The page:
By Nicole Murray Ramirez
Recently, I received a call that a friend of mine was in the hospital with a broken leg, broken arm, and a very badly beaten face. I was told that he been drunk one night and fell down a flight of stairs and asked if I would go visit him in the hospital because he was very depressed. Anytime that friends stopped by it would cheer him up, so of course I said yes, and went to see him one afternoon. I got this call from my friend’s boyfriend of about a year who had recently moved in with him and who I didn’t know that well. But he seemed like a nice guy, but I thought he was a bit controlling at times. Both of them were in their early 30’s and had good jobs.
When I stopped by the hospital my friend looked really bad and I told him that he looked like he fell off a roof of a building rather than a flight of stairs and he should try and not drink so much. Well out of nowhere in our conversation he started to cry and told me what really happened. He begged me not to tell anyone and then began to tell me this horrible story of how he was in a violent relationship and that his boyfriend was always beating him up. But this time it had gone too far but he still really loved this guy. Though the doctors had asked him if he had really gotten beaten up but he stuck to his story. He then told me he felt this time his boyfriend would really stop beating him up and had promised him he would and was visiting him every day.
I couldn’t believe my ears and asked him how long had his boyfriend been abusing him and he said for the last four months! He told me that he had told no one and only told me because when he got out of the hospital he wanted them to go to a relationship counselor and if I knew any that were good. Well I then gave him what I call a “coming to Jesus talk” and told him he had to break up with his boyfriend or the next time he could end up in the morgue. He started to cry again and said I just didn’t understand that they truly loved each other and that his boyfriend just had a bad temper. He thought a good counselor could help him and he did promise that he would stop beating him up. Well needless to say I got very upset hearing all of this and told him he had to break this relationship off period. To make a long story short, my friend got out of the hospital and still with his boyfriend. They haven’t gone to a counselor and I worry about him all the time. But now he refuses to talk about his relationship and says everything is “fine.”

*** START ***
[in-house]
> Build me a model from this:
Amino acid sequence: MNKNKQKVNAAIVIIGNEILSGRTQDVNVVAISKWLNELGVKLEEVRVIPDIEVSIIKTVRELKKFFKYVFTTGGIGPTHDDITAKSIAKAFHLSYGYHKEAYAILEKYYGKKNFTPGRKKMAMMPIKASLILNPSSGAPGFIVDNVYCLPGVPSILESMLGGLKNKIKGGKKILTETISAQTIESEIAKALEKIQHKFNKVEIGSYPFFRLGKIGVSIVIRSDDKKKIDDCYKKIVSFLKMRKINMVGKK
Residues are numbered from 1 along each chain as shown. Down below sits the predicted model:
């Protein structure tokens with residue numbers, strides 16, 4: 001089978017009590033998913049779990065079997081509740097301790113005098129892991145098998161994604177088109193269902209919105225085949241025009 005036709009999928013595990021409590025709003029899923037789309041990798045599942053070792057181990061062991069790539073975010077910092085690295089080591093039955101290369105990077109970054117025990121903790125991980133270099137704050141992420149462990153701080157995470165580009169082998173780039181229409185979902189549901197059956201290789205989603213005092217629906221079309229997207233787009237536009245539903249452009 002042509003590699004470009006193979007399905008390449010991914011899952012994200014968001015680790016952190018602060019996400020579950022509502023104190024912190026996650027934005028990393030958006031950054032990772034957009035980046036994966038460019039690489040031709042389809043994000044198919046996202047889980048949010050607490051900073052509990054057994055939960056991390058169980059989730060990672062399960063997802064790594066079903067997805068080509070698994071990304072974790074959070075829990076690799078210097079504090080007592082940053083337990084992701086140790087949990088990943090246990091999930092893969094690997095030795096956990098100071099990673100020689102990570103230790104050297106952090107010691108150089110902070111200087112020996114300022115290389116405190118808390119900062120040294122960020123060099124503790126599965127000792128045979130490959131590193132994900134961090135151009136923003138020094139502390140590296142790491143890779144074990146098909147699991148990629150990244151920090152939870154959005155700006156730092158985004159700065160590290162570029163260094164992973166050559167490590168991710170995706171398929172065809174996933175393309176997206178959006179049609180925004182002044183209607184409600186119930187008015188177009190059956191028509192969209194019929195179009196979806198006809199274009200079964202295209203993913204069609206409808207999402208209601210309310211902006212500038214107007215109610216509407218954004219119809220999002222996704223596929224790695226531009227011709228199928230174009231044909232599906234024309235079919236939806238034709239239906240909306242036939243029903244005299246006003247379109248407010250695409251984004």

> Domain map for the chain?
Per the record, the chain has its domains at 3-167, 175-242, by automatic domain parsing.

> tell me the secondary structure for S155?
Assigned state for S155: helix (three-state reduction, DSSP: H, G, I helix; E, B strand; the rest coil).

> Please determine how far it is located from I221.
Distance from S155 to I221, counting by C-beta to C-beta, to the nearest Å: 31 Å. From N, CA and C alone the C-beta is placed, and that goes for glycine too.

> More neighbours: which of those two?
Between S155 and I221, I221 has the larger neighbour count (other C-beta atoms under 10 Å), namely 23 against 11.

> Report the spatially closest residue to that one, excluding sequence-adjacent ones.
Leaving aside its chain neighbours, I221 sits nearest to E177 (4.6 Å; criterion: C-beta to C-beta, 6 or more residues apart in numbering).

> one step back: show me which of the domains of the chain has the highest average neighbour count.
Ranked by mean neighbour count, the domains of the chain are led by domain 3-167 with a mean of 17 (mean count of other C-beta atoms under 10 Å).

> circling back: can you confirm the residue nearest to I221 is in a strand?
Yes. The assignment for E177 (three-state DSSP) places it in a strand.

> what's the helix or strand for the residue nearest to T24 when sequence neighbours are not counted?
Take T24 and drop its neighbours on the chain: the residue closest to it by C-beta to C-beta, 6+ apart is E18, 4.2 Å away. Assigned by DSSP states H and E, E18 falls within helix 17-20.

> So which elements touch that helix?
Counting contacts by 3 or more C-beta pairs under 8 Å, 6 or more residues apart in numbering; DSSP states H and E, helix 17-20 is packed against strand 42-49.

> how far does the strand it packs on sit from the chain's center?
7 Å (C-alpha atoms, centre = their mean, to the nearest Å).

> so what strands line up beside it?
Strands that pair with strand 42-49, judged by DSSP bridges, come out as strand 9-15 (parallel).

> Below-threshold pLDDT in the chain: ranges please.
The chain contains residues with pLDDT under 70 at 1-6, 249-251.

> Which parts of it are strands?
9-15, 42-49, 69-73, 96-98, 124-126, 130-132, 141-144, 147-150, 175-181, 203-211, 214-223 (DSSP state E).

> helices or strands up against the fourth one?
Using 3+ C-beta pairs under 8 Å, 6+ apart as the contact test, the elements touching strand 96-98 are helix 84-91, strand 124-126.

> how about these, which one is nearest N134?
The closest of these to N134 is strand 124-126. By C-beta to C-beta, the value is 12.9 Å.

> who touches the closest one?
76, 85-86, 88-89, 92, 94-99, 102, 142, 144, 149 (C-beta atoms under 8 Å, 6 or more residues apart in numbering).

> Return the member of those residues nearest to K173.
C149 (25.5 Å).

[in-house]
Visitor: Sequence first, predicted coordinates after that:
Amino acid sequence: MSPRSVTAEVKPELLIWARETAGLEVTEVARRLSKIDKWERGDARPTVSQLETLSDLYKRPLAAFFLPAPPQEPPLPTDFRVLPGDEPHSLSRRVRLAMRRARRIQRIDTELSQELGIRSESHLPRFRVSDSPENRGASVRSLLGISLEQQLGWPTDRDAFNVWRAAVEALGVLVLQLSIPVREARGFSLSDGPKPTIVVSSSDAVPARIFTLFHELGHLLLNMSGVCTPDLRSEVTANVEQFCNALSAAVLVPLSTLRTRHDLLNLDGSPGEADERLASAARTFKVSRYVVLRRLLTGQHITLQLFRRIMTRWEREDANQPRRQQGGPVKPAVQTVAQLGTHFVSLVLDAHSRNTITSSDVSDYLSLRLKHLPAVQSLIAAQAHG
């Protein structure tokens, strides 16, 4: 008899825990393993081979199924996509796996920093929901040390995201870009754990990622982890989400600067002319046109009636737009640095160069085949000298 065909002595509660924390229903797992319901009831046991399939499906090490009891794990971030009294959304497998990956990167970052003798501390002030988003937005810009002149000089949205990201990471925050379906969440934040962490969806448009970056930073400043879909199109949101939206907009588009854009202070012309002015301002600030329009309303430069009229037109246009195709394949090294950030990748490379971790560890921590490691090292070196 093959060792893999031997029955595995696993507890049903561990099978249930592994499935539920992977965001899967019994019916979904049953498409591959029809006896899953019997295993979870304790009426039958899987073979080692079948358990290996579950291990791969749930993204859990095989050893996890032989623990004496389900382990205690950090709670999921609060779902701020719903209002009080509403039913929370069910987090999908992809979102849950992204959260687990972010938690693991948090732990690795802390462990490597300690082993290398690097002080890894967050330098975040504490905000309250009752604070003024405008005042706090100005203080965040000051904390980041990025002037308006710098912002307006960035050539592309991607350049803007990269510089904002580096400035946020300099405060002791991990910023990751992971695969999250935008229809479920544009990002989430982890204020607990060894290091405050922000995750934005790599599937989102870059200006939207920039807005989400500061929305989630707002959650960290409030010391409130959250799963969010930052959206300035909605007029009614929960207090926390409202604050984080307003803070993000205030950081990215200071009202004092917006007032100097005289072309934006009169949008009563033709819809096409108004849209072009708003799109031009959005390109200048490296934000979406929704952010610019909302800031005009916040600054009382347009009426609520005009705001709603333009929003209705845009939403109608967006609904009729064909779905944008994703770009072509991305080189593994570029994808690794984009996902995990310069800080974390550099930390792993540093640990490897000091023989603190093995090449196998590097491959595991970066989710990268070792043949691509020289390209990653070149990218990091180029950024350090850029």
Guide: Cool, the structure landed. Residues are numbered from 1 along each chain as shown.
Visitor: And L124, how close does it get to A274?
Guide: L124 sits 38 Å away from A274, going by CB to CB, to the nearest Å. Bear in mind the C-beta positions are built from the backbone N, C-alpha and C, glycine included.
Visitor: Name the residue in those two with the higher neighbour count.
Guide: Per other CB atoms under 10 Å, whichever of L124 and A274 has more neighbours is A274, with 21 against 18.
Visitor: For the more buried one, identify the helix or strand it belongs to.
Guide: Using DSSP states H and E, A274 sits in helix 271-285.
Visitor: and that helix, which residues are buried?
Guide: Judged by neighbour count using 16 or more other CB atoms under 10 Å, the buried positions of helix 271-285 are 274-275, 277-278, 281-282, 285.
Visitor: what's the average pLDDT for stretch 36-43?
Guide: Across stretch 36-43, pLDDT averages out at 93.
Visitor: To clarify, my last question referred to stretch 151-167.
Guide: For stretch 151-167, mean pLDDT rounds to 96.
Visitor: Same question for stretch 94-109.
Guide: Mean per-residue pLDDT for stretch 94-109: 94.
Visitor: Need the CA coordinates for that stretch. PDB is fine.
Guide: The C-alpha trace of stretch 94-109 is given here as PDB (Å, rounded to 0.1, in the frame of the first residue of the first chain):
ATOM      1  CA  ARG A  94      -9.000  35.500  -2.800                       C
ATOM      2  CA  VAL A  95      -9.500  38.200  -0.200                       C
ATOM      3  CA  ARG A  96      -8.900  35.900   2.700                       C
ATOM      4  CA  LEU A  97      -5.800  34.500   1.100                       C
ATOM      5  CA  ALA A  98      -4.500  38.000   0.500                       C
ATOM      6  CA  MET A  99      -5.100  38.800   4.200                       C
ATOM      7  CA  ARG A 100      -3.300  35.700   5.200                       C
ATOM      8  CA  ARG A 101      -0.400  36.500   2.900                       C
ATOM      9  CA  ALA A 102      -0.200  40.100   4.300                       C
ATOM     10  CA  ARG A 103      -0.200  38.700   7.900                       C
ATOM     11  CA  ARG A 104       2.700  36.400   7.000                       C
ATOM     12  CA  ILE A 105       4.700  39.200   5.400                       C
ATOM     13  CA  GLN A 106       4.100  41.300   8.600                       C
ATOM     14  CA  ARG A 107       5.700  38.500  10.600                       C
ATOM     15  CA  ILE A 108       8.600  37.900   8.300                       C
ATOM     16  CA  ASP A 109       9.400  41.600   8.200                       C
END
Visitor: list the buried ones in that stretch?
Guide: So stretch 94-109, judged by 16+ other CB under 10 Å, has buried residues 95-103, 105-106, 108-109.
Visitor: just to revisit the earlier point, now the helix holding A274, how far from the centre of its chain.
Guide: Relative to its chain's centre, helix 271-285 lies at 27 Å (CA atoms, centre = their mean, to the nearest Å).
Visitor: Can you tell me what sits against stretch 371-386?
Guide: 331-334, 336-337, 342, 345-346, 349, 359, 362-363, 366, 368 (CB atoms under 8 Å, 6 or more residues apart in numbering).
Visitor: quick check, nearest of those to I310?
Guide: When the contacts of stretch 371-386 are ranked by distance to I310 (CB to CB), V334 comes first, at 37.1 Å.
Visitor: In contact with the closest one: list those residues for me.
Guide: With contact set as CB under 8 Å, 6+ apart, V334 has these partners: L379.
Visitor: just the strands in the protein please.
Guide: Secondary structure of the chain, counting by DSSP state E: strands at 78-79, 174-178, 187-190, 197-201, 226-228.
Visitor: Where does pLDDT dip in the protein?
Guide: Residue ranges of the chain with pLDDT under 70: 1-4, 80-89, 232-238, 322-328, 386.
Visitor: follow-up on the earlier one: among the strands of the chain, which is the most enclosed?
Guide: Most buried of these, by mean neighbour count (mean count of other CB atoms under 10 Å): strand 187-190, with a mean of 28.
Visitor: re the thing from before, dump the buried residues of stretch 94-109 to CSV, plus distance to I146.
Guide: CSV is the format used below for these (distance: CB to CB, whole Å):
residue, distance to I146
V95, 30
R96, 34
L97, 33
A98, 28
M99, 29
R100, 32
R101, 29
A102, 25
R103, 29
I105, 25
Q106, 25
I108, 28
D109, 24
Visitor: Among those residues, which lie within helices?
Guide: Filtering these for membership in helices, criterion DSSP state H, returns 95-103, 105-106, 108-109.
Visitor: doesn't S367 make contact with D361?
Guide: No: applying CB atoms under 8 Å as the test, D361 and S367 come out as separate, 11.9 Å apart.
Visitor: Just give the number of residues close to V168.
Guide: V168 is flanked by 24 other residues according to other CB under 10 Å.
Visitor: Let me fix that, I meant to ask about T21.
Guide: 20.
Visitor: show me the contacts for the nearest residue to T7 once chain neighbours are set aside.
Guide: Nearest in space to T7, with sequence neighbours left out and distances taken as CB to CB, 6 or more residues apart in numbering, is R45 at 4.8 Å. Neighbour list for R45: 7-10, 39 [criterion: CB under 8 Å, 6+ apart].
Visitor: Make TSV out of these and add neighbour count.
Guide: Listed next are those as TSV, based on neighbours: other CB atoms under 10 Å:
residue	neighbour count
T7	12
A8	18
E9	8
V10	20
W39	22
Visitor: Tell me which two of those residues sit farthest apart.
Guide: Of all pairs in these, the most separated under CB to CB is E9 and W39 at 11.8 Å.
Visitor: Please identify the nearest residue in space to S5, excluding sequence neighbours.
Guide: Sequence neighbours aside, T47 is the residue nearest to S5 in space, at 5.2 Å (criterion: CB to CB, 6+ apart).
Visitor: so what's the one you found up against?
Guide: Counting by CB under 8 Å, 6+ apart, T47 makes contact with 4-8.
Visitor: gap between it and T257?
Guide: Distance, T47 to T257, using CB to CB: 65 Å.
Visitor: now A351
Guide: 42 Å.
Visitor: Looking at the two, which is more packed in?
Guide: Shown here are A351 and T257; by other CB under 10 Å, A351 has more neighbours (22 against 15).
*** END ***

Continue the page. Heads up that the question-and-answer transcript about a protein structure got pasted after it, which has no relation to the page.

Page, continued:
LGBT domestic violence is a real issue in our community just as it is in the heterosexual community and there is help out there and counseling. Abusers do not change and once they beat you up they will continue to do so. It never ends well. And sometimes you end up in the hospital or in the morgue. Trust me I know all about abusive relationships. I had one when I was younger and living in Hollywood.
If you’re in one seek help and don’t be afraid to call the police if you need help as they are now trained about LGBT domestic violence when they get such a call.
I remain very concerned and afraid for my friend and will continue to try and help him to see the light. But I fear there nothing I can do
… just be here for him if he ever needs me.
If you are in a violent relationship, call the National Domestic Violence Hotline 800-799-SAFE. It has resources locally in San Diego that also protect those who suffer from LGBT domestic violence.
— Nicole Murray Ramirez has been writing a column since 1973. He has been a Latino/gay activist for almost half a century and has advised and served the last seven mayors of San Diego. Named the “Honorary Mayor of Hillcrest” by a city proclamation, he has received many media awards including from the prestigious San Diego Press Club. Reach Nicole at Nicolemrsd1@gmail.com and follow him on Twitter @Nmrsd2.
Editor’s Note: The opinions written in this column are the author’s own and does not necessarily represent the opinions of the staff and/or publisher of Gay San Diego and/or its parent company, San Diego Community News Network (SDCNN). The newspaper and its staff should be held harmless of liability or damages.
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